Facebook executive arrested over drug-trafficking case
A Facebook executive has been arrested in Brazil after the firm failed to co-operate with court orders in a drug-trafficking case, police have said.
According to reports, Facebook's vice-president for Latin America, Diego Dzodan, was held for questioning in Sao Paulo on Tuesday.
Court officials in the Brazilian state of Sergipe requested his arrest.
Facebook said it was an "extreme and disproportionate measure".
"Facebook has always been and will be available to address any questions Brazilian authorities may have," the company said. It added that the arrest stemmed from a case involving its messaging service WhatsApp, which operates separately from the Facebook platform.
Federal police in Sao Paulo said they carried out an arrest warrant issued by a criminal judge from the Lagarto district, in Brazil's smallest state, Sergipe. A statement released by the force said Facebook had been ordered by a court to provide evidence that would aid an investigation into "organised crime and drug trafficking" that was being heard in private.
The Reuters news agency reported that court officials in Sergipe also confirmed the detention of Diego Dzodan.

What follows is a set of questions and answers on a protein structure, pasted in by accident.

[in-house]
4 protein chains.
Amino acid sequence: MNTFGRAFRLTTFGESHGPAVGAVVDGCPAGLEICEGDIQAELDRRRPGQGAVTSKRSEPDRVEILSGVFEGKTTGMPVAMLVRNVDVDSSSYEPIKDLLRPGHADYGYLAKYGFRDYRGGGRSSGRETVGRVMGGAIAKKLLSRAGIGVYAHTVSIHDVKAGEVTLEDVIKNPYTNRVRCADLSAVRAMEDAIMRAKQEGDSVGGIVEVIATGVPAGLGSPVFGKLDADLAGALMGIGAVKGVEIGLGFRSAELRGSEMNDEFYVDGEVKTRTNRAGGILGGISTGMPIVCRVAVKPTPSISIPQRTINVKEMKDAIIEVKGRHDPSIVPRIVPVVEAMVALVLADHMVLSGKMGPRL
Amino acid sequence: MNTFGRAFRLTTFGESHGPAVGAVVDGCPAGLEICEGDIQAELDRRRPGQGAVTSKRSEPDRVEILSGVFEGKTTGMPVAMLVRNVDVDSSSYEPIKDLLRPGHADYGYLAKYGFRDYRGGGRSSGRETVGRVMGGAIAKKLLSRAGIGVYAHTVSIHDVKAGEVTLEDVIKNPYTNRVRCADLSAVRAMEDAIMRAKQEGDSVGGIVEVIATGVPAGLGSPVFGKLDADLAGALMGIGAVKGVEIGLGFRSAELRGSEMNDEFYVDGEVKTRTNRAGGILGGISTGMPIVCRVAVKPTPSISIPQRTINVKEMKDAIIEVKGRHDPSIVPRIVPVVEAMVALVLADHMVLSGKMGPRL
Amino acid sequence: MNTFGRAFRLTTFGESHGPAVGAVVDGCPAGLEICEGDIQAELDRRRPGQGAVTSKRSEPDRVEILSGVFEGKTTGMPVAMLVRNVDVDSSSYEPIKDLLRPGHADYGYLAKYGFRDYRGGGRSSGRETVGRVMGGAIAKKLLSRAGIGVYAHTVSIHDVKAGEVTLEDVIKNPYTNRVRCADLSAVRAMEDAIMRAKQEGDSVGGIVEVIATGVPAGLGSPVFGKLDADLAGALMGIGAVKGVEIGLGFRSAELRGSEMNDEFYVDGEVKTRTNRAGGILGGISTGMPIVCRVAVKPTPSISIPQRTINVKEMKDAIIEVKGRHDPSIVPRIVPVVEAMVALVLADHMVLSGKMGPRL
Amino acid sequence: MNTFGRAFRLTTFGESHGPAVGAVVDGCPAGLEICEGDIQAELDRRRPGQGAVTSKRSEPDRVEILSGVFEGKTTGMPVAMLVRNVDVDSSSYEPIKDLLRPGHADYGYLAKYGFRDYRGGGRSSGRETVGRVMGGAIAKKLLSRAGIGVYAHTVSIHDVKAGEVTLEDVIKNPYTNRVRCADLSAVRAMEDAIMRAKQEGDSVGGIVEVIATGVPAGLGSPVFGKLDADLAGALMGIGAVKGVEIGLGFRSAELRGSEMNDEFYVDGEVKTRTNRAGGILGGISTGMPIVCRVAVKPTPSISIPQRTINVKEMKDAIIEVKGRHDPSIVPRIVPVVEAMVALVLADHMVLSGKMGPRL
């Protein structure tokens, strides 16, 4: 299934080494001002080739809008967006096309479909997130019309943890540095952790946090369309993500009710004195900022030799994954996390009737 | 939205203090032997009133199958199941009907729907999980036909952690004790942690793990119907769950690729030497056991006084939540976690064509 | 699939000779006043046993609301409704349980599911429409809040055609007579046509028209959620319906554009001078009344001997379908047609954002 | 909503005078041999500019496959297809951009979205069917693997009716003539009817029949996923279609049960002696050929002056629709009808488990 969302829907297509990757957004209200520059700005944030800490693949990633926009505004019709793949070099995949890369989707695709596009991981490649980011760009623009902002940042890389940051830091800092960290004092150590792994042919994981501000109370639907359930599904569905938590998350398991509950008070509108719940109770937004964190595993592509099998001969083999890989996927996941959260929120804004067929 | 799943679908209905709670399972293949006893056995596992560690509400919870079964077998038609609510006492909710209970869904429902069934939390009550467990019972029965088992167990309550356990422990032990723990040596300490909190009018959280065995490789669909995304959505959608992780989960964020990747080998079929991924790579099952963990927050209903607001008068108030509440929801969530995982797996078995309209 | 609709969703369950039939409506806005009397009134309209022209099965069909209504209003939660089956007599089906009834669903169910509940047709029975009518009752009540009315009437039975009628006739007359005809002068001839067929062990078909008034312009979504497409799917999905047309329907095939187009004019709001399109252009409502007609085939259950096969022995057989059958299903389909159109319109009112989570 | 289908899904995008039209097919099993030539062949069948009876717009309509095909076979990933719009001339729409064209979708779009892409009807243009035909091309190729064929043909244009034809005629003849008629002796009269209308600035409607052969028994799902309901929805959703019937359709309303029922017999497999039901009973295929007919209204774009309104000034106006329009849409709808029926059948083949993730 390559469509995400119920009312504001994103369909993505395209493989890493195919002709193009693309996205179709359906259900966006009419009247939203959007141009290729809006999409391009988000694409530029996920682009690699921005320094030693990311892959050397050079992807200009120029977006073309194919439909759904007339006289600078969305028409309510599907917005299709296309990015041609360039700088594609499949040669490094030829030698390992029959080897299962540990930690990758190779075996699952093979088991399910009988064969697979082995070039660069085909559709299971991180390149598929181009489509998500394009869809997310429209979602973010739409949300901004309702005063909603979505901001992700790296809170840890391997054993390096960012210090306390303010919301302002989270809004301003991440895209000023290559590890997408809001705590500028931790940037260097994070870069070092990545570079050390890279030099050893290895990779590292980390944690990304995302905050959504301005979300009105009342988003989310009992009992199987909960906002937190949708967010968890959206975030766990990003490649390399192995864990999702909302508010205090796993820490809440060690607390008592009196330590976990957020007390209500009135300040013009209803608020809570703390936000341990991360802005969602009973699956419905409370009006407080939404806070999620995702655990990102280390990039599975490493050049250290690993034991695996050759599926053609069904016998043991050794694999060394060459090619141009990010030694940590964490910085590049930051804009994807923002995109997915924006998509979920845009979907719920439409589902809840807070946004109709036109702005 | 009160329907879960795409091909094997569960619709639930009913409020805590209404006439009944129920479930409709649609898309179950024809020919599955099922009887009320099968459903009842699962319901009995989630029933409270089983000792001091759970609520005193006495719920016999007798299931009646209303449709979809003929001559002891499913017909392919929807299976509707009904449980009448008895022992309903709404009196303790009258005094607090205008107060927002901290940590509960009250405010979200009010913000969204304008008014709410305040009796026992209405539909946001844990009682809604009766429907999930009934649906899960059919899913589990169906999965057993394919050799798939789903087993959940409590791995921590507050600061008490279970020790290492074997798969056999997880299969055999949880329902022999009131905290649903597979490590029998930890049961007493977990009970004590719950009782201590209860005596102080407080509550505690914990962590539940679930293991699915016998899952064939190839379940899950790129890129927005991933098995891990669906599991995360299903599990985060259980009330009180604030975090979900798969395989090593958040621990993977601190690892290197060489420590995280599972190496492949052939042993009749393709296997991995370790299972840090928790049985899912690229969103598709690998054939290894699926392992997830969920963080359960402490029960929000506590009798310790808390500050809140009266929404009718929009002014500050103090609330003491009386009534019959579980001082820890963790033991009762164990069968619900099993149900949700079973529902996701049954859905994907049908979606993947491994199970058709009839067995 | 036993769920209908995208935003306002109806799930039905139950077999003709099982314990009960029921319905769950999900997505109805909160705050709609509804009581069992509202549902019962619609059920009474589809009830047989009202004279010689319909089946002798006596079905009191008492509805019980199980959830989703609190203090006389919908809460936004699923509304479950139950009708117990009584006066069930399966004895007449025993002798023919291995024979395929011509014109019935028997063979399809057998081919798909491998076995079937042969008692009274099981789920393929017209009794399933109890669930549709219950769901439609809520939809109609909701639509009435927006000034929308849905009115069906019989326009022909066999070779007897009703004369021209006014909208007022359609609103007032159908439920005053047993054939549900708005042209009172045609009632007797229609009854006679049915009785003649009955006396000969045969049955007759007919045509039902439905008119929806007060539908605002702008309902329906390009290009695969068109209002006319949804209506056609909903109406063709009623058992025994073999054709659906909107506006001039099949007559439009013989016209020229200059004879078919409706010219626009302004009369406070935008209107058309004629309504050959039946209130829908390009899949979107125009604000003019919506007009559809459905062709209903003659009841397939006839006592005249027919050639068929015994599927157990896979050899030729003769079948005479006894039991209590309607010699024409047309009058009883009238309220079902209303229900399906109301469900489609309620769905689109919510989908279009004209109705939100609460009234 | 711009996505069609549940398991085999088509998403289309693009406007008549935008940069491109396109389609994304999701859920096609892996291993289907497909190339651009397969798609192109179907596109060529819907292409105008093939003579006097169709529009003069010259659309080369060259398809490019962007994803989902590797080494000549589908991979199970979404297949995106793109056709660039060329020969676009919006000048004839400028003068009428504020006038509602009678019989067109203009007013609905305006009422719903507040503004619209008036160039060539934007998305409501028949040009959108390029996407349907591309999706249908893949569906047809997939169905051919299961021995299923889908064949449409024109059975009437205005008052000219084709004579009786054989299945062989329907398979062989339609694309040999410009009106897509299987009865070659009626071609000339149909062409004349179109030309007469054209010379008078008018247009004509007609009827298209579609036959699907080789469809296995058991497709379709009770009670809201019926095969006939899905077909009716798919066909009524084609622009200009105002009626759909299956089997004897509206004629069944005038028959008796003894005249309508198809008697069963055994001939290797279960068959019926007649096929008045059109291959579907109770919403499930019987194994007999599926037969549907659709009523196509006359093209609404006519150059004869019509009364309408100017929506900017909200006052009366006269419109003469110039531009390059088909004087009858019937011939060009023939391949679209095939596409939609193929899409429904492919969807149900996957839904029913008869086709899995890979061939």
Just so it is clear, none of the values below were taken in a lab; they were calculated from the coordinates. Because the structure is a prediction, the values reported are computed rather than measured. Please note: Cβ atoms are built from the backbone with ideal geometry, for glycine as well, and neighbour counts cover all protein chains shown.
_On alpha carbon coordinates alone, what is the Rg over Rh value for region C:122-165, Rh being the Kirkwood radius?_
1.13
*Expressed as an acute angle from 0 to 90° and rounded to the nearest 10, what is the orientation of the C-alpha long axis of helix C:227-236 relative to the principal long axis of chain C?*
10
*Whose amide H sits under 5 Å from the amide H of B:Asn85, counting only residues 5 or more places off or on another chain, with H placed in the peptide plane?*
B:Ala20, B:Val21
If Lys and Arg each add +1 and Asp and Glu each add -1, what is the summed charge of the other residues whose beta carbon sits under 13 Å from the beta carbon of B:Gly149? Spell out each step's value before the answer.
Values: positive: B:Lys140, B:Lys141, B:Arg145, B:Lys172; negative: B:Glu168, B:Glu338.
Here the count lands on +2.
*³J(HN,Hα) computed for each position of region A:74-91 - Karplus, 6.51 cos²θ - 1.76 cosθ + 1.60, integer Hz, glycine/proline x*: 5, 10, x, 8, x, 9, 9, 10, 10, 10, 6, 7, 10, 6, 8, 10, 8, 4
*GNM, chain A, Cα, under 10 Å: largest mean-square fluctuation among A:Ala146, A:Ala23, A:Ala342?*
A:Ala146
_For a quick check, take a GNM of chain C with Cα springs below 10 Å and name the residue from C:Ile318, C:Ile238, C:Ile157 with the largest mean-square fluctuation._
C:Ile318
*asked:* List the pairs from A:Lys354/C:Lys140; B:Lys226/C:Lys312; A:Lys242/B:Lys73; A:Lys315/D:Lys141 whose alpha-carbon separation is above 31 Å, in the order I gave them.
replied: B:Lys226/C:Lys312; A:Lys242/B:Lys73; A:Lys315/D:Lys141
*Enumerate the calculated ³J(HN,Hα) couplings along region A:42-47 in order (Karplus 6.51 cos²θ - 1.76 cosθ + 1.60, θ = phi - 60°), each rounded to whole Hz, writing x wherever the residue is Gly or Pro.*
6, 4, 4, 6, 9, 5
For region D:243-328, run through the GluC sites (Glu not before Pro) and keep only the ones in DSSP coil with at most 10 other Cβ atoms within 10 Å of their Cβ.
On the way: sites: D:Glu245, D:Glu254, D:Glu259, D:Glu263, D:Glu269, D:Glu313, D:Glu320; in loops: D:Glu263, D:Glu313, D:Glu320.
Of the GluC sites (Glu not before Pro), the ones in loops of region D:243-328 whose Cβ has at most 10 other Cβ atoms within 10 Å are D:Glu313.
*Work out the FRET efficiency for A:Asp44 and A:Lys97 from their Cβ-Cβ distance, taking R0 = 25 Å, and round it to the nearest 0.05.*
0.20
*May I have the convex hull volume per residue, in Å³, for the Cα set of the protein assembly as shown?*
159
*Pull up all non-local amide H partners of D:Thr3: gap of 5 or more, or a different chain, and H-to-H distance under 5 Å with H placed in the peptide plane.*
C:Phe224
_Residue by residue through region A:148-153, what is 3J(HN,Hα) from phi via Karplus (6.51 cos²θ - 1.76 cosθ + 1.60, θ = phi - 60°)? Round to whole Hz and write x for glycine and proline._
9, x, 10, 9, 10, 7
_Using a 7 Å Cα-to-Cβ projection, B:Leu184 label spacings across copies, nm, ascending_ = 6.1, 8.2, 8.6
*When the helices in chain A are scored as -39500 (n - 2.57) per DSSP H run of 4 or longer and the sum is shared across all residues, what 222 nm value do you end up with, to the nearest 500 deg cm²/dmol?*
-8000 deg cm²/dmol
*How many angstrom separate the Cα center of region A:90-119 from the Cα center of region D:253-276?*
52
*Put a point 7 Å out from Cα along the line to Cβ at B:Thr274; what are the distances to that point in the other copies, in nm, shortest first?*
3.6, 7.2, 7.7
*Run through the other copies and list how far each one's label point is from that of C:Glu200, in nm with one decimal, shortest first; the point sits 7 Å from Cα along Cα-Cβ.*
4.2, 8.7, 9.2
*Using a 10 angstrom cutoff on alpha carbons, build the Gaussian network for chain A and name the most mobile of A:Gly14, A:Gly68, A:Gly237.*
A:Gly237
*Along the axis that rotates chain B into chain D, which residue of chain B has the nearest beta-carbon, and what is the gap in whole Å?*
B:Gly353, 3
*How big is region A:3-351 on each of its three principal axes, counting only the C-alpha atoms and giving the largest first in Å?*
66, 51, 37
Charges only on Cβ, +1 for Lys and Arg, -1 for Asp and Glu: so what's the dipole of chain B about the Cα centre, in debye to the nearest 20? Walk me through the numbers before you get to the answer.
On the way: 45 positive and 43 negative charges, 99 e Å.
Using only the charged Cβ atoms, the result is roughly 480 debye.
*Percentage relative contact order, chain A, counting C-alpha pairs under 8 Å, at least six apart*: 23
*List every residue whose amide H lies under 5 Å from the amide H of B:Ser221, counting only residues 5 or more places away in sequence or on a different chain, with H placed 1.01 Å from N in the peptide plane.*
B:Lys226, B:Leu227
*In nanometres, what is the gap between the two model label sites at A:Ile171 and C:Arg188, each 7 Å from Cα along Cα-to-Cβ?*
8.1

A source told the BBC that the Facebook office in Brazil deals only in sales and said that no-one there had access to WhatsApp user information or the authority to make decisions on behalf of the messaging app.
Privacy concerns have frequently put Facebook and other internet giants at odds with Brazilian law enforcement officers seeking evidence in criminal cases, although the confrontations rarely rise to the prominence of Apple Inc's current stand-off with the US Federal Bureau of Investigation, Reuters said.
In December, a Brazilian judge suspended the Facebook-owned WhatsApp messaging service for about 12 hours after the firm failed to comply with two court orders to share information in a criminal case. WhatsApp is reported to be the most used application in Brazil, with about 93 million users.
Brazilian courts have not shied away from targeting senior tech officials. Reuters reported that, in 2012, an elections court in Mato Grosso do Sul ordered the detention of Google's most senior executive in Brazil after the company failed to take down YouTube videos attacking a local mayoral candidate.